U.S. Hemp Roundtable asks senators to expand legal protections to all hemp cannabinoids in Cannabis Administration and Opportunity Act

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Hemp advocacy group the U.S. Hemp Roundtable reiterated its belief that legal protections should cover all hemp cannabinoids and not just CBD.

Hemp advocacy group the U.S. Hemp Roundtable (Washington, DC) sent a letter on August 5 to Senate Majority Leader Chuck Schumer (D-NY) and Senators Cory Booker (D-NJ) and Ron Wyden (D-OR) asking the lawmakers to consider further changes to their recently introduced Cannabis Administration and Opportunity Act (CAOA). The bill, which the senators first released a draft of last year, was officially proposed this July. The bill would remove cannabis from the federal Controlled Substances Act and allow states to create their own cannabis laws. In its letter to the senators, the U.S. Hemp Roundtable reiterates its public comments to the bill’s draft a year ago.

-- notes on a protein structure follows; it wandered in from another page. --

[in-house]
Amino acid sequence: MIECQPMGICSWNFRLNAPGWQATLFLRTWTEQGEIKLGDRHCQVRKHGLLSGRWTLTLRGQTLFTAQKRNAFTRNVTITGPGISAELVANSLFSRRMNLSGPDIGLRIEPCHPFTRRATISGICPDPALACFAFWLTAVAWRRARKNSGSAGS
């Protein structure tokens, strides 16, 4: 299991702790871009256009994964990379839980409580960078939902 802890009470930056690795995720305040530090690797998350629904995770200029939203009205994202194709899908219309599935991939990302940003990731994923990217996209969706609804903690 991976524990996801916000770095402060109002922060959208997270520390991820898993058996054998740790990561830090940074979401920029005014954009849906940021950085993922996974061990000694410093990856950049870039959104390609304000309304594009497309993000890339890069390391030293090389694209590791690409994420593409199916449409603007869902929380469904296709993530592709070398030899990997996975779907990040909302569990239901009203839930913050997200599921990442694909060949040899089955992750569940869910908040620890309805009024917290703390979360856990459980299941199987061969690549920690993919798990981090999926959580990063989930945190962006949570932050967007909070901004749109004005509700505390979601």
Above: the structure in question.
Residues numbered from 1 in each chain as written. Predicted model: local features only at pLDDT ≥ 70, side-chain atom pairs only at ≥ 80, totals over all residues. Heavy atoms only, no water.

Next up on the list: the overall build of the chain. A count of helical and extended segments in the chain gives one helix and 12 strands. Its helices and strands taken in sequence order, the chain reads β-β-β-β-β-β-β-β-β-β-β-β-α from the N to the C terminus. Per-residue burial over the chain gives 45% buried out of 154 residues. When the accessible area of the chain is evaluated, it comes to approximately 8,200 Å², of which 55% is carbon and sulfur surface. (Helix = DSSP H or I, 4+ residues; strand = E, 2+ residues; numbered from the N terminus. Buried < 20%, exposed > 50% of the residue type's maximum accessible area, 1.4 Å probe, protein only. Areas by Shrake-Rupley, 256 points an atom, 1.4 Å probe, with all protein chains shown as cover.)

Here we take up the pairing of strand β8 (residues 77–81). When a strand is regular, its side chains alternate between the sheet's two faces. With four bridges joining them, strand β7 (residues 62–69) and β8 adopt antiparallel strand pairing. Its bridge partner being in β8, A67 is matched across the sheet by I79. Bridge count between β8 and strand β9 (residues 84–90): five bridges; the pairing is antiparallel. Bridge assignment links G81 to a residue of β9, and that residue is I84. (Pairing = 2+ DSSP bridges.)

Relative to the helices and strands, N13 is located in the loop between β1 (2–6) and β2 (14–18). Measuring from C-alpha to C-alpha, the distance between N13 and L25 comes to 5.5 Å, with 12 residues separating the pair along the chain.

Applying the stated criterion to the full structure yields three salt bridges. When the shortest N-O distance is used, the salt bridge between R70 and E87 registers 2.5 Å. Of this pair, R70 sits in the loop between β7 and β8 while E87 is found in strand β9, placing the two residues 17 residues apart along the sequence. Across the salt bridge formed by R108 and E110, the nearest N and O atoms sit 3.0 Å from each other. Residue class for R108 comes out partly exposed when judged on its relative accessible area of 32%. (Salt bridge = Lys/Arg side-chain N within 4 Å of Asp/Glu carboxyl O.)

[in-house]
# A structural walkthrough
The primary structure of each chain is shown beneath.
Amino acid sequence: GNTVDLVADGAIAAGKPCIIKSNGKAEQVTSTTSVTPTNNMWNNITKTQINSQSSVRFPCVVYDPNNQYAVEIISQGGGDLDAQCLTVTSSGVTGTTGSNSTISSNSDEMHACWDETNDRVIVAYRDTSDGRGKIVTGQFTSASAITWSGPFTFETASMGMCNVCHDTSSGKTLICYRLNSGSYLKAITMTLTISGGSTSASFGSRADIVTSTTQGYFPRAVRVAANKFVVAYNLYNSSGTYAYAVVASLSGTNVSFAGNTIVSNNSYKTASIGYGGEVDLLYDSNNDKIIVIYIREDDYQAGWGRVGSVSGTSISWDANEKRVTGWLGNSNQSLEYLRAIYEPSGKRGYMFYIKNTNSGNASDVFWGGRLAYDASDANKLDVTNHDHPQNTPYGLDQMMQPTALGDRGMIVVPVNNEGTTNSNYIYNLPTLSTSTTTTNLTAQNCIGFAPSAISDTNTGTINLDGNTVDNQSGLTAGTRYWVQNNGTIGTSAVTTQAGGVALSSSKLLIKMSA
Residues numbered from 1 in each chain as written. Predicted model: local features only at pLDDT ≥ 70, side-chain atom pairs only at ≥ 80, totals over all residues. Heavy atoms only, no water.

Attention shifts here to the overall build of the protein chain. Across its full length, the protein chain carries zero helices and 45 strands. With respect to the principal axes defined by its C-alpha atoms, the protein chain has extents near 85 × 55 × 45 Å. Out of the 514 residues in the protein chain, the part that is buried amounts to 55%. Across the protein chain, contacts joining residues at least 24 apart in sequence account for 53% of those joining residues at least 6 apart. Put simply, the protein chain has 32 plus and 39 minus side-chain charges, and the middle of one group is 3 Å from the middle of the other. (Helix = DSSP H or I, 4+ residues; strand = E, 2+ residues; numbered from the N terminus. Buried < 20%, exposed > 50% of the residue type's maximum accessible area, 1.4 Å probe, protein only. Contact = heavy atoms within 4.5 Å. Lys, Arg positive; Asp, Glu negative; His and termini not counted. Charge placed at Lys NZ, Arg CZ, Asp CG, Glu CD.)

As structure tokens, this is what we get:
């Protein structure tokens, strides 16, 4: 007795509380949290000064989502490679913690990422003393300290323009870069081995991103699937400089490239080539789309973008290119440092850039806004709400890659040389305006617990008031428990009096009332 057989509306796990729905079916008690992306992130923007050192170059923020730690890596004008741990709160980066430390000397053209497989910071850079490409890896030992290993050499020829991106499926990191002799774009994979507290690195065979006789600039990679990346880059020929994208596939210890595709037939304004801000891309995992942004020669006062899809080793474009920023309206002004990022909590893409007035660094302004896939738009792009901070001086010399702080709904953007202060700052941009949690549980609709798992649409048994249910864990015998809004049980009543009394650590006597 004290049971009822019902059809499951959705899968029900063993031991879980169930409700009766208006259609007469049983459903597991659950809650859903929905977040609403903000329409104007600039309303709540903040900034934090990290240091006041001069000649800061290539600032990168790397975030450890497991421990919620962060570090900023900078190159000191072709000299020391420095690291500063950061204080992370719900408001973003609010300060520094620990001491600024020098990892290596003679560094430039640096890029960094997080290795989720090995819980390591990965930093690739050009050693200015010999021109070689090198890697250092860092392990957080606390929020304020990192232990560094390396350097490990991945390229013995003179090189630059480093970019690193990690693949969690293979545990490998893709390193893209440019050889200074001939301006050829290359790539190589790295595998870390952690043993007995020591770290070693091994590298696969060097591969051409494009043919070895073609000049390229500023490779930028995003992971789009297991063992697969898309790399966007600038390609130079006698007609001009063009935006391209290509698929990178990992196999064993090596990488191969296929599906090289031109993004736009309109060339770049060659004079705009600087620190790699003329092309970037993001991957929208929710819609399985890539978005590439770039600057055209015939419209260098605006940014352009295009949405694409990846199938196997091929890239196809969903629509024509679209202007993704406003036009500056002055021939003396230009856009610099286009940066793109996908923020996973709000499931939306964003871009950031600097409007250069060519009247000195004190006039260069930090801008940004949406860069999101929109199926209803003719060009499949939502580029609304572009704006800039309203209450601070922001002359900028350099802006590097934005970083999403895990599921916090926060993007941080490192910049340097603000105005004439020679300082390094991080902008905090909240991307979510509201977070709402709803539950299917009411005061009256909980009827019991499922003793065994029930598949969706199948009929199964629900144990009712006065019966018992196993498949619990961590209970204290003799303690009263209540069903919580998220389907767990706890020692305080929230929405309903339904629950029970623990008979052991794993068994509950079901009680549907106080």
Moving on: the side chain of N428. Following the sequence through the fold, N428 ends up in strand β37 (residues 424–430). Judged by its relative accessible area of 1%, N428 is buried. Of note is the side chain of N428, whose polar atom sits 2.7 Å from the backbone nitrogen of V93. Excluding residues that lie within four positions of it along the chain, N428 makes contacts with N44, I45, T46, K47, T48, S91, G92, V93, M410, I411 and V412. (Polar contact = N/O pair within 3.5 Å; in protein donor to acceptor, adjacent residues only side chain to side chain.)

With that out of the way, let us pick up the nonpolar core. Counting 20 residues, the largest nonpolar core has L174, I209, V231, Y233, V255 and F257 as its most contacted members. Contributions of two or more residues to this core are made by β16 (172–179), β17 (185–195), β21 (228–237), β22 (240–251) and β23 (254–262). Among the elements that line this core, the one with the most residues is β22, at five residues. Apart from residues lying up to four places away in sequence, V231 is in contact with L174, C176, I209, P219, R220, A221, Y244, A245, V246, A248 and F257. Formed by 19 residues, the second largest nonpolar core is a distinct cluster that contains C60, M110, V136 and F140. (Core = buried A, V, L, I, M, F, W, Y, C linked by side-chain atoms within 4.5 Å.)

First and foremost, the U.S. Hemp Roundtable states that language in the bill that would require CBD manufacturers to submit New Dietary Ingredient (NDI) notifications for all CBD supplements be changed. The group states that while it appreciates that the bill carves out a regulatory pathway for CBD supplements, hemp-derived CBD should be treated “like any other botanical ingredient, subject to the same regulatory regimes.” In other words, like other botanical ingredients, CBD ingredients should be able to rely on Generally Recognized as Safe (GRAS) safety conclusions in lieu of NDI notifications.

Moreover, the group reiterates its concerns that the bill only specifically calls for the legality of hemp-derived CBD and not other hemp-derived cannabinoids. It also suggests creating a separate regulatory pathway for non-intoxicating hemp and intoxicating cannabis products.

U.S. Hemp Roundtable also calls the CAOA’s threshold for tetrahydrocannabinol (THC) in hemp of 0.001% total THC “an arbitrary and unrealistic standard.” States the group: “No full-spectrum or broad-spectrum hemp extract would qualify, and likely most CBD isolates would be challenged to comply, given the limitations of current testing technology. Indeed, this limit would delegate most, if not all, popular non-intoxicating CBD and hemp extract products to the adult-use cannabis market.”